Liberian officials urge abstinence for Ebola survivors

Liberian officials on Sunday urged Ebola survivors to observe a period of strict sexual abstinence after they recover from the deadly virus.

The recommendation comes amid fears that Liberia’s latest case of Ebola was the result of sexual transmission. That patient, 44-year-old Ruth Tugbah, died Friday.

Before Tugbah’s March 20 diagnosis, Liberia had gone several weeks without a new case, raising hopes that the West African country might have seen the last of the virus.

The abstinence recommendation is one of several recent indications that officials may be giving more credence to the idea that Ebola can be spread through sexual contact.

Research on whether Ebola can be transmitted sexually is inconclusive. The World Health Organization has said traces of the virus can be found in the semen of recovering men at least 82 days after they first show symptoms.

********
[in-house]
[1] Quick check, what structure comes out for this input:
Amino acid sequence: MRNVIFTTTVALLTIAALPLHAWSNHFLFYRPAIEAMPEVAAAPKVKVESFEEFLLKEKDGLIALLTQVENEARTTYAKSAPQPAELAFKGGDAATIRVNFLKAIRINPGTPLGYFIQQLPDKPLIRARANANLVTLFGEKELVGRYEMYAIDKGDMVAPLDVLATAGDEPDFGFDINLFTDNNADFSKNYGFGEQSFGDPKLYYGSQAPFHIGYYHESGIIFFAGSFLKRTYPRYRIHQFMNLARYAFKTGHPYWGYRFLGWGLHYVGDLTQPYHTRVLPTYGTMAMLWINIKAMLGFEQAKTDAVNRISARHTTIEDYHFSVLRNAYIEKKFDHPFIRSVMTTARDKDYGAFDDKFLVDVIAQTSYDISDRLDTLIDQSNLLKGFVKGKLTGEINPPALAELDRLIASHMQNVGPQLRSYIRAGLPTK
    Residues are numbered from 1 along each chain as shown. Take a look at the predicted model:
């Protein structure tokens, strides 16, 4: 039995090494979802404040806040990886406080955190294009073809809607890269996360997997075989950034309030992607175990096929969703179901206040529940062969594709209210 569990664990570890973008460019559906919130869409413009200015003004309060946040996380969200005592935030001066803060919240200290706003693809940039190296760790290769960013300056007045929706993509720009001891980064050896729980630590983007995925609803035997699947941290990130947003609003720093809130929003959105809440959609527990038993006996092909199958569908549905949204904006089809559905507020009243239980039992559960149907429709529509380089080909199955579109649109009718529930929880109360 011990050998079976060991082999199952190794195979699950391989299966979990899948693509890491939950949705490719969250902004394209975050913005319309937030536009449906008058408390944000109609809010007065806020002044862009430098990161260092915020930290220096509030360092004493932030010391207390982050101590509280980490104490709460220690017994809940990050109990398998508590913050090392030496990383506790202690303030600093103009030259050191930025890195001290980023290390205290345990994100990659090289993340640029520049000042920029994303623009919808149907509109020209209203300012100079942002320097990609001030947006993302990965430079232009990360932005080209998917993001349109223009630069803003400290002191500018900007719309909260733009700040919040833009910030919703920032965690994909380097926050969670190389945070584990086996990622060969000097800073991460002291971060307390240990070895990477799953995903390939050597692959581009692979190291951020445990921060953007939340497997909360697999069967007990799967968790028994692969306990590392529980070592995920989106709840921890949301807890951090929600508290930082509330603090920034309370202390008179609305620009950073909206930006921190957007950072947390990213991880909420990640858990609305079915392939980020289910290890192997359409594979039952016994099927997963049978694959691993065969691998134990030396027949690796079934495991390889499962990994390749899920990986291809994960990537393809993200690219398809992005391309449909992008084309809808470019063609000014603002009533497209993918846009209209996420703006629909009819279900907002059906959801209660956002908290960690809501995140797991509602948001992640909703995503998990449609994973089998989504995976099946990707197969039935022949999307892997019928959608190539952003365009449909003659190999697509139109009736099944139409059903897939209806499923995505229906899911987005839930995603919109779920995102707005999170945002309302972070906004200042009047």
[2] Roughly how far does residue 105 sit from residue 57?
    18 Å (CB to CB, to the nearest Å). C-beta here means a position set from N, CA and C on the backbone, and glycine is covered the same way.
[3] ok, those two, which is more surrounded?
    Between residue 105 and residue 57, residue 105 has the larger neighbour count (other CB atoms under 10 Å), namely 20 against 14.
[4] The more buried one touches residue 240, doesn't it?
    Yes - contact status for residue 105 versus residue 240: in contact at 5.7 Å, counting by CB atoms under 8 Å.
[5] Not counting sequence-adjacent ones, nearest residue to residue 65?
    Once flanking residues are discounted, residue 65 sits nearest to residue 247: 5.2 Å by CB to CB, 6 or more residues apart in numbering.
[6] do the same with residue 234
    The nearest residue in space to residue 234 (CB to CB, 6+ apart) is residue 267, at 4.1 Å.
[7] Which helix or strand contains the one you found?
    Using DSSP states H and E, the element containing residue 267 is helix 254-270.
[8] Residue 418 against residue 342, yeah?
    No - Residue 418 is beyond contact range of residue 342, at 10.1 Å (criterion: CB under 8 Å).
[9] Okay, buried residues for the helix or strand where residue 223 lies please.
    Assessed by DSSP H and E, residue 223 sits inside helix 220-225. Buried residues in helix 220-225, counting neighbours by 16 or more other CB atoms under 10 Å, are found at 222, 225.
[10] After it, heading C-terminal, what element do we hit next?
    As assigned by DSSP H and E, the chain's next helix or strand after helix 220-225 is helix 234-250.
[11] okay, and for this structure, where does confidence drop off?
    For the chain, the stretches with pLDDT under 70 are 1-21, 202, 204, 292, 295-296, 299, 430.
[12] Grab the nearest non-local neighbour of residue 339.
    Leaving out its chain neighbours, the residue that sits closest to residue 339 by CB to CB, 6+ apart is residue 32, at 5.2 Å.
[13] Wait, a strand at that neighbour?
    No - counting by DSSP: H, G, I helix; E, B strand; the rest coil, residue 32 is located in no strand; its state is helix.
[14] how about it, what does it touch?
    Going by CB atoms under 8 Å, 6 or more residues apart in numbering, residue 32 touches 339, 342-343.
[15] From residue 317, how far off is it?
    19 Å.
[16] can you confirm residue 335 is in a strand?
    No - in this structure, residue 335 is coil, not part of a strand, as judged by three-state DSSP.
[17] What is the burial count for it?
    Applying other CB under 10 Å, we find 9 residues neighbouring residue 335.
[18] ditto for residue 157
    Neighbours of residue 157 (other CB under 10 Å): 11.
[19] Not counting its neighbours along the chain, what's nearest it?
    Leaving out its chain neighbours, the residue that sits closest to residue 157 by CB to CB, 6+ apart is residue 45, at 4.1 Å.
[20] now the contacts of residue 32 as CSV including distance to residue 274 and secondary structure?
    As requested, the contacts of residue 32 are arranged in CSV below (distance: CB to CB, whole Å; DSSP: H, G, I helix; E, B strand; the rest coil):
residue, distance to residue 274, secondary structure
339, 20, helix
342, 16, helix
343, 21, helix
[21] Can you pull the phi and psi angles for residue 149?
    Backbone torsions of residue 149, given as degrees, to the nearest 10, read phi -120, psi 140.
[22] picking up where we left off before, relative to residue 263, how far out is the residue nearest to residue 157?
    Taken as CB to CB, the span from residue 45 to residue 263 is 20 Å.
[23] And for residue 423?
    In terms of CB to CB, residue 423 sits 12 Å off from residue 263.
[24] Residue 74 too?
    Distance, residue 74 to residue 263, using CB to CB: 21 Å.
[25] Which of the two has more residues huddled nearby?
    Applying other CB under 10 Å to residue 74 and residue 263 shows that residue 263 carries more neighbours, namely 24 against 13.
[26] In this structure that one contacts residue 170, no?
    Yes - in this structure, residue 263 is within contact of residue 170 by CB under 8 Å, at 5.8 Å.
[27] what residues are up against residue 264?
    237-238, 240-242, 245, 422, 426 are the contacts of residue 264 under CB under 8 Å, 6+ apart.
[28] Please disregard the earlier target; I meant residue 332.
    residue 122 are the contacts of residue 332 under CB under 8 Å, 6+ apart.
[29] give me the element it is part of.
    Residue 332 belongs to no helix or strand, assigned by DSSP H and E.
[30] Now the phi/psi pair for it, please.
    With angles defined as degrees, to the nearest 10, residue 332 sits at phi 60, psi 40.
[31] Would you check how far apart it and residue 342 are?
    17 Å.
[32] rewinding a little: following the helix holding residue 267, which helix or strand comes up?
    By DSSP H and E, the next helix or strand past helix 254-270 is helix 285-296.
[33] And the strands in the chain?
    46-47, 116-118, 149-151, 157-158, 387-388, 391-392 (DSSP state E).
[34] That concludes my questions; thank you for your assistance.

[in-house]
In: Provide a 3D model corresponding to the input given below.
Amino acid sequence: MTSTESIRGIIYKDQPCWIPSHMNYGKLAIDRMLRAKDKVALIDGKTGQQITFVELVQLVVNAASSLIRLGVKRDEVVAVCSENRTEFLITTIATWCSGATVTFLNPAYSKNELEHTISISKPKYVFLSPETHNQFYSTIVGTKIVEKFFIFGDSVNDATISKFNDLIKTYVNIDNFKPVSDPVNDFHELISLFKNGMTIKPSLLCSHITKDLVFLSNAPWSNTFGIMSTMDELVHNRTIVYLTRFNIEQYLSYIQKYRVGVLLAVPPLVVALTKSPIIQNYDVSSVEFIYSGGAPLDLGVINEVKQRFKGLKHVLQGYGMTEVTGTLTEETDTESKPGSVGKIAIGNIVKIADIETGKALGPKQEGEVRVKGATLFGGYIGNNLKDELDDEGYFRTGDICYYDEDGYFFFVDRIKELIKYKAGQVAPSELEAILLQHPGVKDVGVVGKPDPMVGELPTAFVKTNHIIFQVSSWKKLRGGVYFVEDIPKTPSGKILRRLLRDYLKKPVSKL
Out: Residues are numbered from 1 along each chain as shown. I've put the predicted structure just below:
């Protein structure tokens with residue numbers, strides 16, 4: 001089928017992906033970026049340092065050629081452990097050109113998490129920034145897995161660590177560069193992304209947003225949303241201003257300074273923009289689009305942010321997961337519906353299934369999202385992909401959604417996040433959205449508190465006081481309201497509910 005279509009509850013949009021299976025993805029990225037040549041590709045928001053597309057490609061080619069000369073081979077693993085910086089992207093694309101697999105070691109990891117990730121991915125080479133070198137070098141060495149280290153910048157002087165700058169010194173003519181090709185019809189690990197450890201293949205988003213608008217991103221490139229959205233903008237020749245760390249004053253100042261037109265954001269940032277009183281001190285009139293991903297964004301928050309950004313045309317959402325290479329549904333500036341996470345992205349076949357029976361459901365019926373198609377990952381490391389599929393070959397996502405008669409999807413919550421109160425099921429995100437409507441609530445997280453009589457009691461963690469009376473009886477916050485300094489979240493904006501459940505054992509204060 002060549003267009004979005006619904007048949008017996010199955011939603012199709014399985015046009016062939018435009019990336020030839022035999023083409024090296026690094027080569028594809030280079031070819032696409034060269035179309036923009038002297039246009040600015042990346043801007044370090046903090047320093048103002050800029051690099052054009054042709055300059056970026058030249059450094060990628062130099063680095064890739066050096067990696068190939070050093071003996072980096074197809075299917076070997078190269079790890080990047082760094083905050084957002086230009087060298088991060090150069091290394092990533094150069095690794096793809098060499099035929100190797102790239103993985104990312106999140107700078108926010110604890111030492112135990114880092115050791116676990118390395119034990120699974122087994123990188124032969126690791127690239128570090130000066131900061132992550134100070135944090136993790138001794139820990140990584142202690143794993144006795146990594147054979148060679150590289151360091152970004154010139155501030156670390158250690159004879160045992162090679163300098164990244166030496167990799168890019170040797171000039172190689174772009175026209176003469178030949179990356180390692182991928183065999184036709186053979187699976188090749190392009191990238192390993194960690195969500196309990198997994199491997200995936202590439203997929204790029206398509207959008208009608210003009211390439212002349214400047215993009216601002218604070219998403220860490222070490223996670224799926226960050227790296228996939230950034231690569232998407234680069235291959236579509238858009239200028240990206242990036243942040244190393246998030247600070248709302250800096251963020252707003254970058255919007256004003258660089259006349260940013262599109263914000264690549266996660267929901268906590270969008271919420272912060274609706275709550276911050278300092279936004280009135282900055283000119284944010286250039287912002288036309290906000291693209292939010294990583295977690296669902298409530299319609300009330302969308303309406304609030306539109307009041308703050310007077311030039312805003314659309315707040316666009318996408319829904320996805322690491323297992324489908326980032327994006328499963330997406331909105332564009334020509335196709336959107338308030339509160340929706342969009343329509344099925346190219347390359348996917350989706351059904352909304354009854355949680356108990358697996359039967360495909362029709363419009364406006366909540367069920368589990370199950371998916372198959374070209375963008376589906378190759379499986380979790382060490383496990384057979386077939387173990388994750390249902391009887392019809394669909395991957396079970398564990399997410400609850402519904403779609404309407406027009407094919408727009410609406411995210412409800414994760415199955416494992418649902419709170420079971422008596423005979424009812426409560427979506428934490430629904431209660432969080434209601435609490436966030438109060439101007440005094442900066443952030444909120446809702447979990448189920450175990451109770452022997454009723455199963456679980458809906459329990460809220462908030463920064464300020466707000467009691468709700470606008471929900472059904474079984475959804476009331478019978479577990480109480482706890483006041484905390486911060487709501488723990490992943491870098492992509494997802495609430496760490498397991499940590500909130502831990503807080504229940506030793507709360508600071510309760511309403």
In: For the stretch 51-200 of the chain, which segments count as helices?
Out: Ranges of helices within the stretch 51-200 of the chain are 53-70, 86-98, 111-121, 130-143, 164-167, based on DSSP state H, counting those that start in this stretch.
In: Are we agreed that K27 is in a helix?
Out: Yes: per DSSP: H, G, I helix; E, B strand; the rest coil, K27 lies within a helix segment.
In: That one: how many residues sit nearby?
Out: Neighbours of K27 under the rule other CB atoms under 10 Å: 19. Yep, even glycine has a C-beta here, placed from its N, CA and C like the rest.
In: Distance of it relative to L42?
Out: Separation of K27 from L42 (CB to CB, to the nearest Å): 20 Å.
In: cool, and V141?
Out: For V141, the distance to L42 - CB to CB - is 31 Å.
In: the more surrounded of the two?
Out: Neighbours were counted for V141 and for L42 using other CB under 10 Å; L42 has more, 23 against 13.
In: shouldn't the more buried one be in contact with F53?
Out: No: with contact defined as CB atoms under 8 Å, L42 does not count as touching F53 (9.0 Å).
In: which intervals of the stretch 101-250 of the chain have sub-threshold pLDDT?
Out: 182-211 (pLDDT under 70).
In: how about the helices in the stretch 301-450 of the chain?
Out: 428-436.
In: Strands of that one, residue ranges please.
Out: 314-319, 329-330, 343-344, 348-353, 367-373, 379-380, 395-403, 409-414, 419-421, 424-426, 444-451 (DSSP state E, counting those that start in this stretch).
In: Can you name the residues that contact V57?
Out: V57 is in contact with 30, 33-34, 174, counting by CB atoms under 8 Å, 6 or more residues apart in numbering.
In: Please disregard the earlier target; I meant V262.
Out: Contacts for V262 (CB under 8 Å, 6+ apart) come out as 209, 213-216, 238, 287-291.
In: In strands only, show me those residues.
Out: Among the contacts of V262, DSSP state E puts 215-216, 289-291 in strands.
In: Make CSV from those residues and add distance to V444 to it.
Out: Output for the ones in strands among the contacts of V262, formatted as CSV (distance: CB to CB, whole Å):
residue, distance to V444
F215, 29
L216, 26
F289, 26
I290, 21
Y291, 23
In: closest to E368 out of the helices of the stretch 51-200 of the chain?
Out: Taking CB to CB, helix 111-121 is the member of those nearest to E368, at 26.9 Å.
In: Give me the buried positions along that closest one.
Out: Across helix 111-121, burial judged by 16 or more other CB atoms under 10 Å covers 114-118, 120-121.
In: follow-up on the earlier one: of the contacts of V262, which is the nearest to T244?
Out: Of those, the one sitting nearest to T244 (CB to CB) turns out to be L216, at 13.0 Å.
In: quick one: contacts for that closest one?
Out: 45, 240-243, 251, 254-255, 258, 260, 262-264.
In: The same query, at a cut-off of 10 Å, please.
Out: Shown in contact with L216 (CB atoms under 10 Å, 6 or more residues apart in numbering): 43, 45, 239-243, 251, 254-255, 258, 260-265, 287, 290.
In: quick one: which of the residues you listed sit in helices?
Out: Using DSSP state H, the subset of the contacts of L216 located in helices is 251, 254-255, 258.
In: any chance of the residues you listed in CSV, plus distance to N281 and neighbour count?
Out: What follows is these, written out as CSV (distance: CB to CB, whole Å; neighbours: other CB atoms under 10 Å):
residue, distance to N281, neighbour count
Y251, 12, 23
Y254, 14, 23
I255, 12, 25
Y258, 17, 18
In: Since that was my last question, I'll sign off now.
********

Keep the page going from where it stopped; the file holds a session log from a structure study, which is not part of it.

But it is unclear whether that fluid can then infect others, says Ann Kurth, Associate Dean for Research at New York University’s Global Institute of Public Health.

There is “no direct evidence or epidemiologic studies trying to test the precise primary research question of whether sexual transmission is a contributor,” Kurth said in a phone interview. She cautions that anecdotal reports indicate sexual transmission “is a risk,” however.

Though the WHO has previously advised Ebola survivors to practice abstinence or at least safe sex, the organization had not explicitly warned that sexual transmission might be a concern after the 42-day deadline.

Such revisions are sometimes necessary in public health policy, Kurth said.

“As the knowledge base grows, you sometimes have to update the messages,” she said. “That is a part of public health — we don’t always have all the answers right at the beginning.”